The aggression against Ukraine has cast a new shadow over the international arena, putting global alliances and relations to the test. The MENA region is no exception in this equation. Here, the spectrum of reactions to the Russian offensive reflects the heterogeneity of regional stances on the conflict. Traditional US allies, such as Gulf Arab monarchies, have sought to remain neutral vis-à-vis the war. Turkey and Kuwait were prompt in condemning the offensive, while Israel has been very careful, and Egypt has so far maintained a neutral position. Finally, Syria officially endorsed the Russian attack, whereas Iran claimed that the crisis is “rooted in NATO’s provocations.” In this continuously evolving context, the Ukraine invasion has already affected several vital sectors in the economies of MENA countries, ranging from oil and gas to agricultural imports as well as tourism. Highly reliant on food imports, the states of the region are likely to pay a heavy toll for the upcoming rise in global wheat prices.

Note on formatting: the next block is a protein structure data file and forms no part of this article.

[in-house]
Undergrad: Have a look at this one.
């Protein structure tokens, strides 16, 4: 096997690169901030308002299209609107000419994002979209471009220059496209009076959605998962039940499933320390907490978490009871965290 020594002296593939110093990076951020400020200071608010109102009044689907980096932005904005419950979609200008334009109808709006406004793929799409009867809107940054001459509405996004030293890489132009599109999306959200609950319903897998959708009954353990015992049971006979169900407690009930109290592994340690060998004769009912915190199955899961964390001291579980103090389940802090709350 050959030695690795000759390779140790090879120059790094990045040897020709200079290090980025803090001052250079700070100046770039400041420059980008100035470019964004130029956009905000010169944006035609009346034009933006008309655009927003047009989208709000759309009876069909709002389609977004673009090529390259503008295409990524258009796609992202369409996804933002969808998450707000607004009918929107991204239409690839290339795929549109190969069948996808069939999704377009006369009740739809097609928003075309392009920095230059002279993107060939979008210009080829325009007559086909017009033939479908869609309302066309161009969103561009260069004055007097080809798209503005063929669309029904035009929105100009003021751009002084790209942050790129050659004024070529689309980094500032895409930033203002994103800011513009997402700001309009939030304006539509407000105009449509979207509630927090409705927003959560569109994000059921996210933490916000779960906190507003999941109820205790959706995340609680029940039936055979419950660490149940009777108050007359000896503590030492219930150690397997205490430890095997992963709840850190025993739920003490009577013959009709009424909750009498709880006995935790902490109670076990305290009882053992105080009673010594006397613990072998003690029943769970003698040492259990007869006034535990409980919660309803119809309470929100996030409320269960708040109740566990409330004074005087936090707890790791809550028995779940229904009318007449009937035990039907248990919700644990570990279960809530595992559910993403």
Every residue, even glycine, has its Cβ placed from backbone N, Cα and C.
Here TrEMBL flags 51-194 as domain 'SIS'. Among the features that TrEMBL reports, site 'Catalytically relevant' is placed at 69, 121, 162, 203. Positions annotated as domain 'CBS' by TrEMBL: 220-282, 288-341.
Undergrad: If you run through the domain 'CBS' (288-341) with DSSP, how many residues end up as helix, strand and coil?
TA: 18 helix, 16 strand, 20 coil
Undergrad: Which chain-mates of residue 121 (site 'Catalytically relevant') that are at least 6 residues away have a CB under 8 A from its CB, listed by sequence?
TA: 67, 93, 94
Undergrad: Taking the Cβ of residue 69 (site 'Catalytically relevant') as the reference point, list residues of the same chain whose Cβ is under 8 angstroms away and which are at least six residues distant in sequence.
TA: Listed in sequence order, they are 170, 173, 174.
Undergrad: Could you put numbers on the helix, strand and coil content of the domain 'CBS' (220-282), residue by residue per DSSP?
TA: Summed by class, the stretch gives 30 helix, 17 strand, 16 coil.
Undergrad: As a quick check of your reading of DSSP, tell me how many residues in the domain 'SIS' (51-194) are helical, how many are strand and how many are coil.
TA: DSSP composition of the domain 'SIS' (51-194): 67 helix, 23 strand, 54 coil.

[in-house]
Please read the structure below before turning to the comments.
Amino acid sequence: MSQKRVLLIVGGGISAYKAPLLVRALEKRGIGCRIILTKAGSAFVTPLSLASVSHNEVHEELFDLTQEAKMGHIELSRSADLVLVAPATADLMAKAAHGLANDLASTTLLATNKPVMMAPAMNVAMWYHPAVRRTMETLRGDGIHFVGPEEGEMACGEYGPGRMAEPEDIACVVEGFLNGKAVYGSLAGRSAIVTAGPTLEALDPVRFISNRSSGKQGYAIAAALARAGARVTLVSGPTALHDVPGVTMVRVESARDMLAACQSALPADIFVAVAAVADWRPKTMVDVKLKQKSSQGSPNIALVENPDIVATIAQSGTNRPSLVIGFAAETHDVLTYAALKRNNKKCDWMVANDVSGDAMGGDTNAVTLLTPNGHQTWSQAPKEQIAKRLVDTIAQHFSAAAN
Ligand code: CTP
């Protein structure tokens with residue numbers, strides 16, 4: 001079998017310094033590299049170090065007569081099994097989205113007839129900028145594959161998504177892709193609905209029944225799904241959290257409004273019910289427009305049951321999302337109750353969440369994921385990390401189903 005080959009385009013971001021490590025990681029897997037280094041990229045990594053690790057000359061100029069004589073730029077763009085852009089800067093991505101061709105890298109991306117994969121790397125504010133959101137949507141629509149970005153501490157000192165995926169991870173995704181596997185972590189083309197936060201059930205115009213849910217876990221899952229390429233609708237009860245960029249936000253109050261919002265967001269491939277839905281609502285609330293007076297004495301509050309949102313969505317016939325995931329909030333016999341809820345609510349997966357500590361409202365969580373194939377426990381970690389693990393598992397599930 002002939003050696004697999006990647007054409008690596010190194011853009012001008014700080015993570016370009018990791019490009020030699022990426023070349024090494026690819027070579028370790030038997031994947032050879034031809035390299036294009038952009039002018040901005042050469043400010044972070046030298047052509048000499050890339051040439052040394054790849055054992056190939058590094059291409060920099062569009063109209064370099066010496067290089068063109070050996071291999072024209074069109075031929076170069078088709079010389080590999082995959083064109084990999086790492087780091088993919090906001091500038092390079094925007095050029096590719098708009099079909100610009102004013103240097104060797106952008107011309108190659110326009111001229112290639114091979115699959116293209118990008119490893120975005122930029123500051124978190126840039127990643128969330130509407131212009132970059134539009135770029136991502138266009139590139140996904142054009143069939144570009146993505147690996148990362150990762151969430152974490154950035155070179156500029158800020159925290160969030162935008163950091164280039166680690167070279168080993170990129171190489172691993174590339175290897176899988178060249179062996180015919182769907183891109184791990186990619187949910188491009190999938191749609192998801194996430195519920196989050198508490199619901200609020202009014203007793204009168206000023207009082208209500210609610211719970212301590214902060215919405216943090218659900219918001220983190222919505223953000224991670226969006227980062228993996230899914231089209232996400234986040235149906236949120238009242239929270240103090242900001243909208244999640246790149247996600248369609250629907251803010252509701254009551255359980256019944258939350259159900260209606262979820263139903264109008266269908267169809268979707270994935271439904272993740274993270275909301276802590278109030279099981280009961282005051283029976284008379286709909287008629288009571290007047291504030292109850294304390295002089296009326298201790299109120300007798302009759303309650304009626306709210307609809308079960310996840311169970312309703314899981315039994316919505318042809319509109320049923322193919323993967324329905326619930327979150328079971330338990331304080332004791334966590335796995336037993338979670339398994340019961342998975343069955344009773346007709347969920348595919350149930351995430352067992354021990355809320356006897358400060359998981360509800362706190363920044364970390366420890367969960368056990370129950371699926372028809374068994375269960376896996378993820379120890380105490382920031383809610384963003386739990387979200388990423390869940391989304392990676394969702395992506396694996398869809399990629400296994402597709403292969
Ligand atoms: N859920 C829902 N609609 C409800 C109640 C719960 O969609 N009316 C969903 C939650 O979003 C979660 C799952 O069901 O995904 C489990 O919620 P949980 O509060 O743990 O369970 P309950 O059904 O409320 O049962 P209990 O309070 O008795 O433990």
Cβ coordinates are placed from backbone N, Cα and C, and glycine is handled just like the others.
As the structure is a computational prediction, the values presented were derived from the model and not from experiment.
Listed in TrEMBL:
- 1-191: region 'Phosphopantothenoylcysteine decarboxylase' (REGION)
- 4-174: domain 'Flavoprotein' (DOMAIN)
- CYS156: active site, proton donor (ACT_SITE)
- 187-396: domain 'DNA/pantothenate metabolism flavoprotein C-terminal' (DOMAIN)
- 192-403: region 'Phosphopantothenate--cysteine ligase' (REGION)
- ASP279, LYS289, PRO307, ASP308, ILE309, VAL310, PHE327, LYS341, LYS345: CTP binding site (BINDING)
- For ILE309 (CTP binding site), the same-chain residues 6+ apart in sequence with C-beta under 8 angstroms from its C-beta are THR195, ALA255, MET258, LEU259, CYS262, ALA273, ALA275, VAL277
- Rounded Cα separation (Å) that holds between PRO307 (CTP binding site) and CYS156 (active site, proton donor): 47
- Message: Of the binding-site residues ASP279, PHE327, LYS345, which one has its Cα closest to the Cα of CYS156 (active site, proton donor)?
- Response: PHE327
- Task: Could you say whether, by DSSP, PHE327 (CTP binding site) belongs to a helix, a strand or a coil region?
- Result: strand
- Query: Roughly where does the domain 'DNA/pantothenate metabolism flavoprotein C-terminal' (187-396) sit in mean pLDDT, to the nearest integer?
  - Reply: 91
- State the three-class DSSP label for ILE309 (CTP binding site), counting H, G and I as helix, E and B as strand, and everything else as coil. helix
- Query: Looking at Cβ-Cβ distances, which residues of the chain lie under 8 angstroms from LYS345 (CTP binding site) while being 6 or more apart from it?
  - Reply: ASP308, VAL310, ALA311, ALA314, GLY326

How could waning relations between Russia and the West reshuffle the geopolitics of the MENA region? Could regional countries play an effective role as mediators in the conflict? To what extent have recent developments in Ukraine exacerbated political instability and economic concerns in the MENA region? How will the war further worsen food insecurity in the area?
Julien Barnes Dacey, Director, Middle East and North Africa Programme, European Council on Foreign Relations
Nimrod Goren, President and Founder, Mitvim – The Israeli Institute for Regional Foreign Policies
Michaël Tanchum, Non-Resident Fellow, Economics and Energy Programme, Middle East Institute
Valeria Talbot, Co-Head, Middle East and North Africa Centre, ISPI